Make us your home page
Instagram

Spain's cost to borrow soars to highest ever in eurozone

MADRID — Financial pressure is mounting on Spain as its economy shrinks and the cost of bailing out banks and regional governments grows. Investors pushed the country's borrowing rates to alarming heights Monday amid concern that the government could be overwhelmed by debt and forced to seek an international bailout.

The interest rate, or yield, on Spain's 10-year bond spiked 0.22 percentage points to 7.45 percent. That is the highest level since the euro began in 1999 and is considered unsustainable for more than a few months.

Concern over Spain increased after the central bank said Monday that the economy contracted by 0.4 percent during the second quarter. The government predicts the economy will keep contracting into 2013 as new austerity measures — such as tax hikes and benefit cuts — hurt consumers and businesses.

Investors also worry the government will face new costs to help its ailing banks and regions. Spain has asked for a eurozone bailout package of up to $121 billion to save the banks, but is ultimately liable to repay the money if the banks do not.

The eastern region of Valencia revealed Friday it would need a bailout from the central Madrid government. Over the weekend, the southern region of Murcia said it may also need help. Speculation is now strong that several other cash-strapped regional governments may follow.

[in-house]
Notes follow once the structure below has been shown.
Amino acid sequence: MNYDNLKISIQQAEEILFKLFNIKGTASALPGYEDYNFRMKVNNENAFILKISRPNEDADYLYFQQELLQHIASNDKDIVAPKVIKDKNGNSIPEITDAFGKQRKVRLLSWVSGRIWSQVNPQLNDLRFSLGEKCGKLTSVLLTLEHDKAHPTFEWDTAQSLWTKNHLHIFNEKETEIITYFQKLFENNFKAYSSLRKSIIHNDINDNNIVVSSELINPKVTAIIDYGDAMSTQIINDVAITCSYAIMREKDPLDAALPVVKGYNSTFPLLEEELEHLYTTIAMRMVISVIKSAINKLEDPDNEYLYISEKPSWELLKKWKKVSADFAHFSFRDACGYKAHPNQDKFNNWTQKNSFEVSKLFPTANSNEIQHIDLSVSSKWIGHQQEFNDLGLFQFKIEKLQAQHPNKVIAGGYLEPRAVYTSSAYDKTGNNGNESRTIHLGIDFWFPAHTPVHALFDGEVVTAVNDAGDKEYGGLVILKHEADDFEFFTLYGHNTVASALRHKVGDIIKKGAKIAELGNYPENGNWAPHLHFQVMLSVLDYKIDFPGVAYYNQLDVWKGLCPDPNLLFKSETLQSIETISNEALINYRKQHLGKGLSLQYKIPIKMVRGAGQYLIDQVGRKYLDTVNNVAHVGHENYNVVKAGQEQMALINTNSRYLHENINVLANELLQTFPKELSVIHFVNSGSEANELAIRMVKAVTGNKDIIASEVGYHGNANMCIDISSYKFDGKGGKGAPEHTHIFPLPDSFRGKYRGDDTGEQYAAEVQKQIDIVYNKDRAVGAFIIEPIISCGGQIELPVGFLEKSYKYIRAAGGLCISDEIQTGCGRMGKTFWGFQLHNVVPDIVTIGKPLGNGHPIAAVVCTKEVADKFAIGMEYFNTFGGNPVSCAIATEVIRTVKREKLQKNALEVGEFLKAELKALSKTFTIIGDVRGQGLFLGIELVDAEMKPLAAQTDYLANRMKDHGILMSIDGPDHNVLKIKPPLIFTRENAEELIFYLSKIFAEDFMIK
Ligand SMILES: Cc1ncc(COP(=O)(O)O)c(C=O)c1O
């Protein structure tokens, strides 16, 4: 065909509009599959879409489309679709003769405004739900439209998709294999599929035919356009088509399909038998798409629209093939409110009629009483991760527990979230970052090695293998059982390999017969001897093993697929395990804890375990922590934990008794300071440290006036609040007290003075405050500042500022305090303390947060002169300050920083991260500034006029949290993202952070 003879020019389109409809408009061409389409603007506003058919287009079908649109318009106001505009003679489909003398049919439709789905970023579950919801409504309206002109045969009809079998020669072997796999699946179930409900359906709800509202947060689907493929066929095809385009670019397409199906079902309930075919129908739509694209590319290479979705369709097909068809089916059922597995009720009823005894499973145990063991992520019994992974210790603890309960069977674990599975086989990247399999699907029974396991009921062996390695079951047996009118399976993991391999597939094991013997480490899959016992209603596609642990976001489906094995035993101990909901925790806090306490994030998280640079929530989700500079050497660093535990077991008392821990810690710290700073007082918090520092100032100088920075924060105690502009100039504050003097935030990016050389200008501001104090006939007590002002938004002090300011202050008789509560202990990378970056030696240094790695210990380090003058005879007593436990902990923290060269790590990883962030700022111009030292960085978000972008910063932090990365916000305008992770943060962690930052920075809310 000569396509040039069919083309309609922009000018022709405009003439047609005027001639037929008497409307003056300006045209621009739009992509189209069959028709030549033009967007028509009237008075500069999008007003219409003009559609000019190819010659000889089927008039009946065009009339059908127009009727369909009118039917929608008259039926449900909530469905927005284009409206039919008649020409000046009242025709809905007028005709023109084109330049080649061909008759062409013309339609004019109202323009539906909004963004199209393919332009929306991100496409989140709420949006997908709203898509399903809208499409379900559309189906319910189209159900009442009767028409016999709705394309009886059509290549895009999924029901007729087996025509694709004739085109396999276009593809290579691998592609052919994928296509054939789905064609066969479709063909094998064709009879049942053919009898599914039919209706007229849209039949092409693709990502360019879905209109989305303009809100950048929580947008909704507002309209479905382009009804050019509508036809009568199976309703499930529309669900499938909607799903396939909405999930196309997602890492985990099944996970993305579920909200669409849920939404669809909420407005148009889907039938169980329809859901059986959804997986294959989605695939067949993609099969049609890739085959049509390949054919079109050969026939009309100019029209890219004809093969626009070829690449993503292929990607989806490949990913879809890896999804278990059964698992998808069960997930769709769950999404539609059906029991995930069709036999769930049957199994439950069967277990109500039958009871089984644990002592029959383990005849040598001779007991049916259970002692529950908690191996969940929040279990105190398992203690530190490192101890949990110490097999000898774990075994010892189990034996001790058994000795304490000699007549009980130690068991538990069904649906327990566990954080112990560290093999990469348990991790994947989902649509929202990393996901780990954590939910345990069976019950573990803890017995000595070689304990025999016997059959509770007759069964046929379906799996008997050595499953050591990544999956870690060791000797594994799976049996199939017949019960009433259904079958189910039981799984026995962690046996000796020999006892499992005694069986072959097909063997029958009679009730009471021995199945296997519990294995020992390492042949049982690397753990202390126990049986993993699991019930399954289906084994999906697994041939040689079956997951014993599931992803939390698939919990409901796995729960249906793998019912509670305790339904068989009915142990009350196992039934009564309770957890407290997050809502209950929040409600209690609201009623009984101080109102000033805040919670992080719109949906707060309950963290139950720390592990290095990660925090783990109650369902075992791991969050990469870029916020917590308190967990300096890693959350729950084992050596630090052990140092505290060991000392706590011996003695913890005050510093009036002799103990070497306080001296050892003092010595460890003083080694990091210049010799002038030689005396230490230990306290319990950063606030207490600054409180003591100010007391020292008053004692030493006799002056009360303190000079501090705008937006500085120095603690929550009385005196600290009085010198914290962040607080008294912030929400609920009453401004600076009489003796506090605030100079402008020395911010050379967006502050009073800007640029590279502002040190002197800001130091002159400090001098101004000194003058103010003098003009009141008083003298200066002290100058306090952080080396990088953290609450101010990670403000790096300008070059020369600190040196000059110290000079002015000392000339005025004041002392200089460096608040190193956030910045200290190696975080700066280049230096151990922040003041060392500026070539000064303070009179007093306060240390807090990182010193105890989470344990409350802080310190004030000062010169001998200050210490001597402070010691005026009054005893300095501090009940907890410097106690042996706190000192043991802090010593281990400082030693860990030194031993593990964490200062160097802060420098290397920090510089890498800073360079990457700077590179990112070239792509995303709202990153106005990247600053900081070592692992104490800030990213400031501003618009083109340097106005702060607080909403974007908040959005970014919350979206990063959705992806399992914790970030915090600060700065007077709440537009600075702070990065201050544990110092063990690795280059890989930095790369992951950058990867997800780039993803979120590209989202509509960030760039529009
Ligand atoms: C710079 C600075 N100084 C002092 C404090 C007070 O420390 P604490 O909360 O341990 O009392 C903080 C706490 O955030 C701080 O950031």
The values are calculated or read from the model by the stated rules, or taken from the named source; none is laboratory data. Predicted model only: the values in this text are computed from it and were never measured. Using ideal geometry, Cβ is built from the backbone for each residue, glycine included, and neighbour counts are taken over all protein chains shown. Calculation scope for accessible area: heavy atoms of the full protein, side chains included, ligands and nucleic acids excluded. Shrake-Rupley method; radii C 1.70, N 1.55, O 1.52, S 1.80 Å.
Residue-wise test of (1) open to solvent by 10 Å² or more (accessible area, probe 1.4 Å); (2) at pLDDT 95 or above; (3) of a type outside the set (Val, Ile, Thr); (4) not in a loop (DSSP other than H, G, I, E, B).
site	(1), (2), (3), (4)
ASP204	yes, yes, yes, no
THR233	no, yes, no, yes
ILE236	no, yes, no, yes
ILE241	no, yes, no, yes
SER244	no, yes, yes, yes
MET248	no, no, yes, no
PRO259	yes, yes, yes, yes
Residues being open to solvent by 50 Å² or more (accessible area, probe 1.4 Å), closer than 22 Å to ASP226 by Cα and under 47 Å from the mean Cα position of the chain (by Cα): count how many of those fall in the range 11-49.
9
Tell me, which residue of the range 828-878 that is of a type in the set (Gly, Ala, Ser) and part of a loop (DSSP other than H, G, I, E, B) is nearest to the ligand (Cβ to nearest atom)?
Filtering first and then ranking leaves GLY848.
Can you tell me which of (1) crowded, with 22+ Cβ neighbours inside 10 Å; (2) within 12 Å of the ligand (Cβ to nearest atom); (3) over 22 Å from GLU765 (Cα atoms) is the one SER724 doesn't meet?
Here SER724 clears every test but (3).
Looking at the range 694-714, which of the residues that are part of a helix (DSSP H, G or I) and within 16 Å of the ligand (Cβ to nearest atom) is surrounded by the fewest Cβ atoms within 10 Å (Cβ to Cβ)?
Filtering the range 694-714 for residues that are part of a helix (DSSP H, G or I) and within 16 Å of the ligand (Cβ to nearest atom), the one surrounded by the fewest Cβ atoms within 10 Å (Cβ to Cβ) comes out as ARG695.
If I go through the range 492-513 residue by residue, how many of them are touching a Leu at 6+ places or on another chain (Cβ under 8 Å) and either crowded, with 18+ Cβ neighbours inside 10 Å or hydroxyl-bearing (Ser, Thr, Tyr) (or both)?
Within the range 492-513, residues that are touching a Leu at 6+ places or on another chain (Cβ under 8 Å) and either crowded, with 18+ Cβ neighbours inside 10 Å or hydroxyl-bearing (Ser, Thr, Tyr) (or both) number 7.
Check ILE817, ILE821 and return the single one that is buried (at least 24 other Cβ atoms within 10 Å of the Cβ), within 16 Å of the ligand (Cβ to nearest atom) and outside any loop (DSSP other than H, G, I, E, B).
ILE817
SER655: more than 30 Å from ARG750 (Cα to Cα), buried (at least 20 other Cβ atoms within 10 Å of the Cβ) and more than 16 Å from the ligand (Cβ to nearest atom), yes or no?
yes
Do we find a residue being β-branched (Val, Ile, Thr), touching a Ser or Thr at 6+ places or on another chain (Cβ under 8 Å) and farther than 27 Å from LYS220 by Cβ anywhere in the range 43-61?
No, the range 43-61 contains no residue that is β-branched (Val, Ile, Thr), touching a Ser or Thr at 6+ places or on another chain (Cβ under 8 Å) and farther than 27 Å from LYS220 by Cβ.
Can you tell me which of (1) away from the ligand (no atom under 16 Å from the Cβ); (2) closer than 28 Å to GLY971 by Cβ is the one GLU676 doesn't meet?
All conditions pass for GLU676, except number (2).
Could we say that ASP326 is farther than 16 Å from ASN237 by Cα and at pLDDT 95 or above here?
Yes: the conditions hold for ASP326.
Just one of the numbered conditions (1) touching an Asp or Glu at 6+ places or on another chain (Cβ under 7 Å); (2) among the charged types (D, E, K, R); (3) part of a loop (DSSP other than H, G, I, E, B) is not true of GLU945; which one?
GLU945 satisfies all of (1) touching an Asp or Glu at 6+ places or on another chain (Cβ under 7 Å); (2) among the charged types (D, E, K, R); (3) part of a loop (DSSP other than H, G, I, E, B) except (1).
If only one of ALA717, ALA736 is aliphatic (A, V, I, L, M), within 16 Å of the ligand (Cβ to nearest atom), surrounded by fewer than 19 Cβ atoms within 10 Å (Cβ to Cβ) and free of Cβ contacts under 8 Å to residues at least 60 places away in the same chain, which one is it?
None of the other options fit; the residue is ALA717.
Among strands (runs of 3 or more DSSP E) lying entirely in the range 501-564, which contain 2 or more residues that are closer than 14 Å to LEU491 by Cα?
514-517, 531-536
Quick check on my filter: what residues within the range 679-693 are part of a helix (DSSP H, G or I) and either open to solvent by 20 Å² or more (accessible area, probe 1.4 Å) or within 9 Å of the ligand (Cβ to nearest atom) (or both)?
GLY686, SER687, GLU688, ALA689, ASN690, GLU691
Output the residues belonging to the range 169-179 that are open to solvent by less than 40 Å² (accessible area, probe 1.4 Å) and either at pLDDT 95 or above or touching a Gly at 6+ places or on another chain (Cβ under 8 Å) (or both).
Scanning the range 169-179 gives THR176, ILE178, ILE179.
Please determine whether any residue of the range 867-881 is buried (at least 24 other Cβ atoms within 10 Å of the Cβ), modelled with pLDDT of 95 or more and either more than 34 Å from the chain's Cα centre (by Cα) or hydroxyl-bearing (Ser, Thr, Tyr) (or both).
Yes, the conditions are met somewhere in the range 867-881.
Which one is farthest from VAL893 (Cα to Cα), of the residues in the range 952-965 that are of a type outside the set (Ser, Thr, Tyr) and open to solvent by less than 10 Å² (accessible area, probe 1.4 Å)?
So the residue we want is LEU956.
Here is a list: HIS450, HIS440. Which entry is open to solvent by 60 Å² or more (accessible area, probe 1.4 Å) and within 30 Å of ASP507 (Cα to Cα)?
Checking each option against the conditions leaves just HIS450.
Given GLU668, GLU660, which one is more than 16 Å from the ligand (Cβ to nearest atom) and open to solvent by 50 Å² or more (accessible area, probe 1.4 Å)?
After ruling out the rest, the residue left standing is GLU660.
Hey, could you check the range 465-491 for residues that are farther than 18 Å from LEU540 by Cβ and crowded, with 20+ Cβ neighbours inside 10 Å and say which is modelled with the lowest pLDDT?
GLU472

The problem is the central government is facing high borrowing costs, too.

If those borrowing rates do not fall, the central government may end up being locked out of international markets and be forced to seek a financial rescue, like Greece, Ireland and Portugal.

"The higher the yield goes, the more untenable the situation becomes," said Rebecca O'Keeffe, head of investment at Interactive Investment.

Spain is the fourth-largest economy in the eurozone, bigger than Greece, Ireland and Portugal combined. A debt default by Spain would rock global financial markets and threaten the existence of the euro currency. That's why finding a way to lower its borrowing rates is crucial for the financial well-being of Europe and the global economy.